Russia Population Clock



Saint Petersburg5,028,000
Nizhniy Novgorod1,284,164




Russia Area and Population Density

Russia is one of the few countries with a negative growth rate, declining from an estimated population of 146.3 million in 2015.

Like most countries, Russia undertakes a census every decade or so. There is no fixed schedule, though, and until 2009 it was not certain that the 2010 census would even take place. It was only a late intervention from the Russian Government, allocating 10 billion roubles, that prevented it from being pushed back to 2013.

The full Russian census results were released in sections throughout 2011 and 2012; these can be viewed at the official Russian Census website (in the Russian language).

For the headline figures, this Russian population infographic created by Russian news agency RIA Novosti is informative.

The estimated 2014 population of Russia, which was 142.5 million, was pretty interesting, as Russia released its latest batch of data, as reported by Forbes. This information shows that Russia's run of increasing births and decreasing deaths may be ending. From January to March 2013, the number of births shrank by about 4,000, while the number of deaths increased the same amount. This means the natural loss of population was about 20% larger than in the previous year.

Russia's natural change in population over the past twenty-five years has been fairly unstable, decreasing in the early 90s, leveling out and then climbing beginning in 2005 before leveling out again.

Largest Cities in Russia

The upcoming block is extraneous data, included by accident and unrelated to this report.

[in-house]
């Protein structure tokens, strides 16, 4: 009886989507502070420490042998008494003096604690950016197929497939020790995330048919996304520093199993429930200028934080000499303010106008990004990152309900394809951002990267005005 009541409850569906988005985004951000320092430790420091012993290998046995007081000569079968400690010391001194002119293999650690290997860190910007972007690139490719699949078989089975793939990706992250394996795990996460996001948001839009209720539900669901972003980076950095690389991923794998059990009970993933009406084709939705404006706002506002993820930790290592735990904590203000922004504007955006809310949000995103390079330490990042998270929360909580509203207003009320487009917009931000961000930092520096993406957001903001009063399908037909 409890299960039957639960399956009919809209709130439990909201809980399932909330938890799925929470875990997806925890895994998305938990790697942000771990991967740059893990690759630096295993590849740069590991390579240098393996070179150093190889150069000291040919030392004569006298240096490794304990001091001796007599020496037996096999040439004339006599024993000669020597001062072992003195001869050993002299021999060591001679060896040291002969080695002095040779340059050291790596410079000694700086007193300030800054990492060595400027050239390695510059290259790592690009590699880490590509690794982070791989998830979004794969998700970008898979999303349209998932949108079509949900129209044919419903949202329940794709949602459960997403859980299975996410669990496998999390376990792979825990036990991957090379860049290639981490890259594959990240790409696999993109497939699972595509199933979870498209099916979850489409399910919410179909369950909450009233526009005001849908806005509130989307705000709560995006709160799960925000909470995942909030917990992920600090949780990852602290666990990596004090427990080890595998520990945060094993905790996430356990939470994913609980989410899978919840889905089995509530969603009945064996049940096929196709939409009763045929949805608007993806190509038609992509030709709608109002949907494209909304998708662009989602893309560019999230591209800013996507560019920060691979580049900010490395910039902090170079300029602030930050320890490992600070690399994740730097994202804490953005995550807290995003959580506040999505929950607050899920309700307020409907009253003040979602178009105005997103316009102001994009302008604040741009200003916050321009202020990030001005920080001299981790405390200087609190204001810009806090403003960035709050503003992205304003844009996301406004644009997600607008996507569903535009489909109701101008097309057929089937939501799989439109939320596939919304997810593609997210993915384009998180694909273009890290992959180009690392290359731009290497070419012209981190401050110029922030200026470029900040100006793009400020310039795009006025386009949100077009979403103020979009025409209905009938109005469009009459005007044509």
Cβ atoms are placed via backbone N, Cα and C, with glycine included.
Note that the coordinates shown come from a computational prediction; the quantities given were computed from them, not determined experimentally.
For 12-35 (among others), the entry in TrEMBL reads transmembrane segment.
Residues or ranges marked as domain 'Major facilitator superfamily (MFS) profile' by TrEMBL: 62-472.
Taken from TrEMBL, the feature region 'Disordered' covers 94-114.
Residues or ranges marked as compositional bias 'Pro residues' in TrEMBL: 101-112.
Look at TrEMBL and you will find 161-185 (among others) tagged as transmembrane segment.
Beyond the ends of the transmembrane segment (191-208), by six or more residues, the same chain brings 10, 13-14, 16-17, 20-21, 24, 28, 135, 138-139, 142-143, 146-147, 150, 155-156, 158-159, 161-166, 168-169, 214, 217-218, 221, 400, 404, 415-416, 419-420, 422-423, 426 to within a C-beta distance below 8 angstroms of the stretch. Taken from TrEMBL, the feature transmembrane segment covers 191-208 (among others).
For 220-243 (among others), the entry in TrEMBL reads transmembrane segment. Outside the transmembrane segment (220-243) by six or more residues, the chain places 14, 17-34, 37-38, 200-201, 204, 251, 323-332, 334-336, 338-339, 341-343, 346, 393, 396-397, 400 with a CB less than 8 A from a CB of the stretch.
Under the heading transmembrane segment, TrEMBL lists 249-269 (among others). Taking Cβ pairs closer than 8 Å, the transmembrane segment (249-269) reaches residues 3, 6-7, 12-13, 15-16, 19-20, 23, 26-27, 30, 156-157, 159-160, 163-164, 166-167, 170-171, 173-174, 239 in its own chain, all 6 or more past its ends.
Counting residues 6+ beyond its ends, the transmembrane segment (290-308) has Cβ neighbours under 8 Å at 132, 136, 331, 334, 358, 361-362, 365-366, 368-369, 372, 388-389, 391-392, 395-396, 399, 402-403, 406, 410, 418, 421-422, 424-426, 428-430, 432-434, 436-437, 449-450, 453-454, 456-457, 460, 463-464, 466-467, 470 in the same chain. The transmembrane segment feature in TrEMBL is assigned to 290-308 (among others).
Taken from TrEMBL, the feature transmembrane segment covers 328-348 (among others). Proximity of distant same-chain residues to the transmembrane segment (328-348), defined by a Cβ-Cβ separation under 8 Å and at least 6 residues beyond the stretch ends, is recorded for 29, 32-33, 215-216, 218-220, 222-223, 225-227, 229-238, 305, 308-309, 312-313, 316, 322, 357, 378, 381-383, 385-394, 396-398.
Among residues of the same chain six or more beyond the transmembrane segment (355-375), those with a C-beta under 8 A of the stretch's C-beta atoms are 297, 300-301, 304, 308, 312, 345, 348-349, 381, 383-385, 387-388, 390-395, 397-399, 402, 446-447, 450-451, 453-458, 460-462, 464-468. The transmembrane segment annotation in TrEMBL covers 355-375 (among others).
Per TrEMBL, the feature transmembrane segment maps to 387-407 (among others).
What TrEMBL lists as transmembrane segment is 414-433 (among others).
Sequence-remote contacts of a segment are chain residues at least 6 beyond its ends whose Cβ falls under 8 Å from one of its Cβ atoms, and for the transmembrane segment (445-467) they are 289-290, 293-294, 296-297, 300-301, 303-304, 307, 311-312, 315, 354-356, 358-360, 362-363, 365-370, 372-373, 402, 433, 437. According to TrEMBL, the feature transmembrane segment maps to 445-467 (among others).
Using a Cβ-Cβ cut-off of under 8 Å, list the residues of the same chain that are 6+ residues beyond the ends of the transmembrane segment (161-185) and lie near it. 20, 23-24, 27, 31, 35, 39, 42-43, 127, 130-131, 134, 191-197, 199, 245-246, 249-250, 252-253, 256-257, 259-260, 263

Moscow is the largest city in Russia with a population of 12.1 million people, which also makes it the 11th largest city in the world. Saint Petersburg is the second largest Russian city, with 5.1 million people, making it the 50th largest city in the world.

Interestingly, Russia is one of the most sparsely populated countries in the world, in part due to its harsh climate. The country has a population density of just 8.4 people per square kilometer (22 per square mile), but the population is most dense in the European area of the country around Saint Petersburg and Moscow.

Russia is mostly an urban country; according to the census results, 74% of Russians live in urban areas -- either towns or cities. Ten other Russian cities have a population of more than a million people.

Interestingly, the population of Russia’s cities has increased over the past ten years, reflecting the increasing urbanization of Russia as people move from the countryside to cities in search of better employment.

Russia Population Density Map

Download Table Data



Growth Rate

Density (km²)

Population Rank

Density Rank





Russia Population by Year (Historical)

Download Table Data



Growth Rate

Density (km²)

Population Rank

Density Rank





Russia Population by Year (Projections)

Russia Population Pyramid 2023

Russia Median Age







Russia Population by Age

There are people over age 18 in Russia.

Census Years



198912 January 1989
20029 October 2002
201025 October 2010




Russia Population Pyramid

The Census results are probably the most reliable indicator, but other estimates of the Russia population are available. Rosstat, the official Government statistics agency, suggested that the population of Russia in 2011 was 141.8 million, and the CIA estimated that the population was even lower: 138.7 million.